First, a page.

Wednesday 14 September 2022
The FDA has published the results of polling we commissioned from Public First. The polling forms part of our ongoing project looking at flexible working led by our summer intern, Euan Stock. The union will be launching the full report later in the autumn, but the polling raised a number of interesting issues.
Our polling was comprised of two main strands. Firstly, a poll of a nationally representative sample of 2009 adults in the UK, and secondly, a poll of a representative sample of 542 red wall voters.
• 49% of respondents worked from home at least on occasion, and among ‘red wall’ respondents, this rises to 53%.
• 66% of those who do work from home said they find it easier to focus compared to the office, and 62% said they were more productive.
• 69% said working from home had a positive impact on their wellbeing.
• While people were more likely to respond to emails out of work hours, 74% reported an improved work-life balance when home working.
• On the specific question of civil servants returning to the office, 72% of respondents agreed that there are larger issues in government than where civil servants are based, with 51% saying they did not personally care where civil servants work, rising to 77% and 53% respectively among red wall respondents.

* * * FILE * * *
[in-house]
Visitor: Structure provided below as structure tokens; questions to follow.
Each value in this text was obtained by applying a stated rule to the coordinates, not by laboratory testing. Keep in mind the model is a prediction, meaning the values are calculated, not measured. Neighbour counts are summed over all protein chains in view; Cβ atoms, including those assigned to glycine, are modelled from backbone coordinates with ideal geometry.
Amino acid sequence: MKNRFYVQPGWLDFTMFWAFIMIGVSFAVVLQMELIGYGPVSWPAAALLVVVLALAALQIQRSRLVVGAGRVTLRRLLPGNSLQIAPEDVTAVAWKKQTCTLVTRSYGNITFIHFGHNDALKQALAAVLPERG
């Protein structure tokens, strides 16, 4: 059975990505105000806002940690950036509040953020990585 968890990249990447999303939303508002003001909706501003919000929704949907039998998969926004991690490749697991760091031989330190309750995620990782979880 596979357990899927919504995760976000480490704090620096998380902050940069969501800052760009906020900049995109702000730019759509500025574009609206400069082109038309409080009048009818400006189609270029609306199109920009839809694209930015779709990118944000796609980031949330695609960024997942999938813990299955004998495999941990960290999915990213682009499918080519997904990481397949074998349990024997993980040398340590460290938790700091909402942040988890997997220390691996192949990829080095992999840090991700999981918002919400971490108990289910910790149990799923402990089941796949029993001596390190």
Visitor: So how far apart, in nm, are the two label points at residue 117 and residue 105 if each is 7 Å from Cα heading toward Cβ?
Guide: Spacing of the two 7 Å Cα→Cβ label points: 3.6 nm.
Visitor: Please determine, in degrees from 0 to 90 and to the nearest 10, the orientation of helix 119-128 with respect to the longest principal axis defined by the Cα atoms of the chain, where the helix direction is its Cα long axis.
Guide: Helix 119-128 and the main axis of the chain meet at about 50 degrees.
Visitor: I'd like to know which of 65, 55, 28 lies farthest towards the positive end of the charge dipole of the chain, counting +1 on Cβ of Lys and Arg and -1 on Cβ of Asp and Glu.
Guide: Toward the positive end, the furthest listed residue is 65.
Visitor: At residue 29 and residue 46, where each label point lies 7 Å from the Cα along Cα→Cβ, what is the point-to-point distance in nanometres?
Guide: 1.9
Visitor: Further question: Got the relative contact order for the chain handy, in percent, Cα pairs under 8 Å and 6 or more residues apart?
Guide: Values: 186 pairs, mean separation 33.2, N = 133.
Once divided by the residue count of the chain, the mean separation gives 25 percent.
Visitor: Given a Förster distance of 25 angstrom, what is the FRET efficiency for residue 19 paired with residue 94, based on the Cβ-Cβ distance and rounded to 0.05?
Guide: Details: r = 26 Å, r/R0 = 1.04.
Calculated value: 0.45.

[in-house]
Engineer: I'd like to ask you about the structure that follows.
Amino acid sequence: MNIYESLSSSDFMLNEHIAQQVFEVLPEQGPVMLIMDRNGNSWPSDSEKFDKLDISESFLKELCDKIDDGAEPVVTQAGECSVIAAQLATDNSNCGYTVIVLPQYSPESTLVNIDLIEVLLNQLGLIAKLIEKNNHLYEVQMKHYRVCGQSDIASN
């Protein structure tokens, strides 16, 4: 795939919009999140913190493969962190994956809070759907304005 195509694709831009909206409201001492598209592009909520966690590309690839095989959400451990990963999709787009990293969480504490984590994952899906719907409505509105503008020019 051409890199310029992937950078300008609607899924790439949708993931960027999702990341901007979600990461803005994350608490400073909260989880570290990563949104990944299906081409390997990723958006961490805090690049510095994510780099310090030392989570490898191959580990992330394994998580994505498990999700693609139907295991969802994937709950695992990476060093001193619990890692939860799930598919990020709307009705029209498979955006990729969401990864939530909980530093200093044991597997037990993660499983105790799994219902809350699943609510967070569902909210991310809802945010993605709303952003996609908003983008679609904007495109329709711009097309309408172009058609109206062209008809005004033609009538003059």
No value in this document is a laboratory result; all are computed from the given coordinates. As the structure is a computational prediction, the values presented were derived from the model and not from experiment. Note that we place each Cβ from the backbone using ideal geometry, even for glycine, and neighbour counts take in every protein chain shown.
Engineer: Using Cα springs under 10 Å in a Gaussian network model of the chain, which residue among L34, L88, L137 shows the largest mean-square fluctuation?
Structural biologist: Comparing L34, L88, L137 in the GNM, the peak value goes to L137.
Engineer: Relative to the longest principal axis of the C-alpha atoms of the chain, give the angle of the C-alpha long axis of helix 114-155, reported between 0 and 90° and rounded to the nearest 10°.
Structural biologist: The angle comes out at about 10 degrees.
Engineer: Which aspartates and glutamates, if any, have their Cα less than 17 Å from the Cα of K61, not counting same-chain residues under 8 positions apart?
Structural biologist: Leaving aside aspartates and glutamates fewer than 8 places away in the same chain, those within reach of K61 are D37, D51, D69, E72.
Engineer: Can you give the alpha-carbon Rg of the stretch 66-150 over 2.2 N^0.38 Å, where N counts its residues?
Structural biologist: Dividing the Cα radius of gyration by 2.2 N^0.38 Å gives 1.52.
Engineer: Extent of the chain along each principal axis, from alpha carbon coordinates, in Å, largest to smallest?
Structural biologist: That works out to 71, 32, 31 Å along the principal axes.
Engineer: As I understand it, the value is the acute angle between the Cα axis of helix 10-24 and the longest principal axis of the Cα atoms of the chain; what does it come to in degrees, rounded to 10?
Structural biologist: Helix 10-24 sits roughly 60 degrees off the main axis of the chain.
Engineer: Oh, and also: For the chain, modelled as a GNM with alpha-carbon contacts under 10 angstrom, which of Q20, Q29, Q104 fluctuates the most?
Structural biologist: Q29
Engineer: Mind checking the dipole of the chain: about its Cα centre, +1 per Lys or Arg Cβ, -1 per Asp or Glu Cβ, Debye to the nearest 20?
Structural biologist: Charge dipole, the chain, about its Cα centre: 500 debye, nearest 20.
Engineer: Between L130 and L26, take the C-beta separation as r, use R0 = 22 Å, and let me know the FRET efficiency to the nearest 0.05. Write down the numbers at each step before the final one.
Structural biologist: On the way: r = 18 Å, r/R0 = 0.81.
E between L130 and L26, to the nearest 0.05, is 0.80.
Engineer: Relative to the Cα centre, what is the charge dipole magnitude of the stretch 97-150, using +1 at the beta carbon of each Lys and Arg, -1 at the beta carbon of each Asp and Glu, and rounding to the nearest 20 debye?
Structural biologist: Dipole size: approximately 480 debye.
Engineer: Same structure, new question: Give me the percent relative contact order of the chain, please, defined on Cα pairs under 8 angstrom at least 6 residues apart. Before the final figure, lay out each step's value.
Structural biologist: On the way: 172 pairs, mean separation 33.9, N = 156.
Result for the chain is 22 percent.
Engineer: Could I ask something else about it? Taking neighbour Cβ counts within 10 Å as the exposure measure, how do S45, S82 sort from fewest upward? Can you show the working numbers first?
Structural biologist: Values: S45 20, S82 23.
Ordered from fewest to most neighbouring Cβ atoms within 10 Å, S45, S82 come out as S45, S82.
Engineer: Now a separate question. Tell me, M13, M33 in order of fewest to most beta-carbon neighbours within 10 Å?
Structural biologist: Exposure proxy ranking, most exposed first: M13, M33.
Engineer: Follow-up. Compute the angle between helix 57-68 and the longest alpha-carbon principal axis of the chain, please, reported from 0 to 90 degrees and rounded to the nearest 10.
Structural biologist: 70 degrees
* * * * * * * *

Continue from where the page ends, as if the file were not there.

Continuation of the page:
You can view the full results of the polling here
Responding to the findings, the FDA’s General Secretary, Dave Penman said:
“It is clear that, across the economy, many employers have recognised the benefits of offering greater flexibility, with this quiet industrial revolution seeing almost half of workers working at least of some the time from home.”
Speaking to the Times, Penman argued that “rather than standing in the way of progress like Luddites, ministers should embrace this opportunity to save taxpayers’ money, as well as improve then working lives of our dedicated public servants.”
The FDA continues to recognise the enduring collaborative benefits of office working. However, the results of our polling shows that many workers across the country and economy believe they can be just as, if not more, productive when working from home.
In a message to FDA members, Penman called for the government to ensure that “the civil service has a competitive advantage in a tight labour market by offering market-leading flexible working” and to recognise that the issue was not a priority for voters:
“Our polling also highlights that ministers’ culture war against civil servants working flexibly from home simply is not a priority for the public, and the government should be fully focussed on the challenges of war on the European mainland and the cost-of-living crisis. Rather than counting civil servants at desks in offices, the new Prime Minister and government should finally acknowledge the benefits of flexible working for employees, employers and the taxpayer.”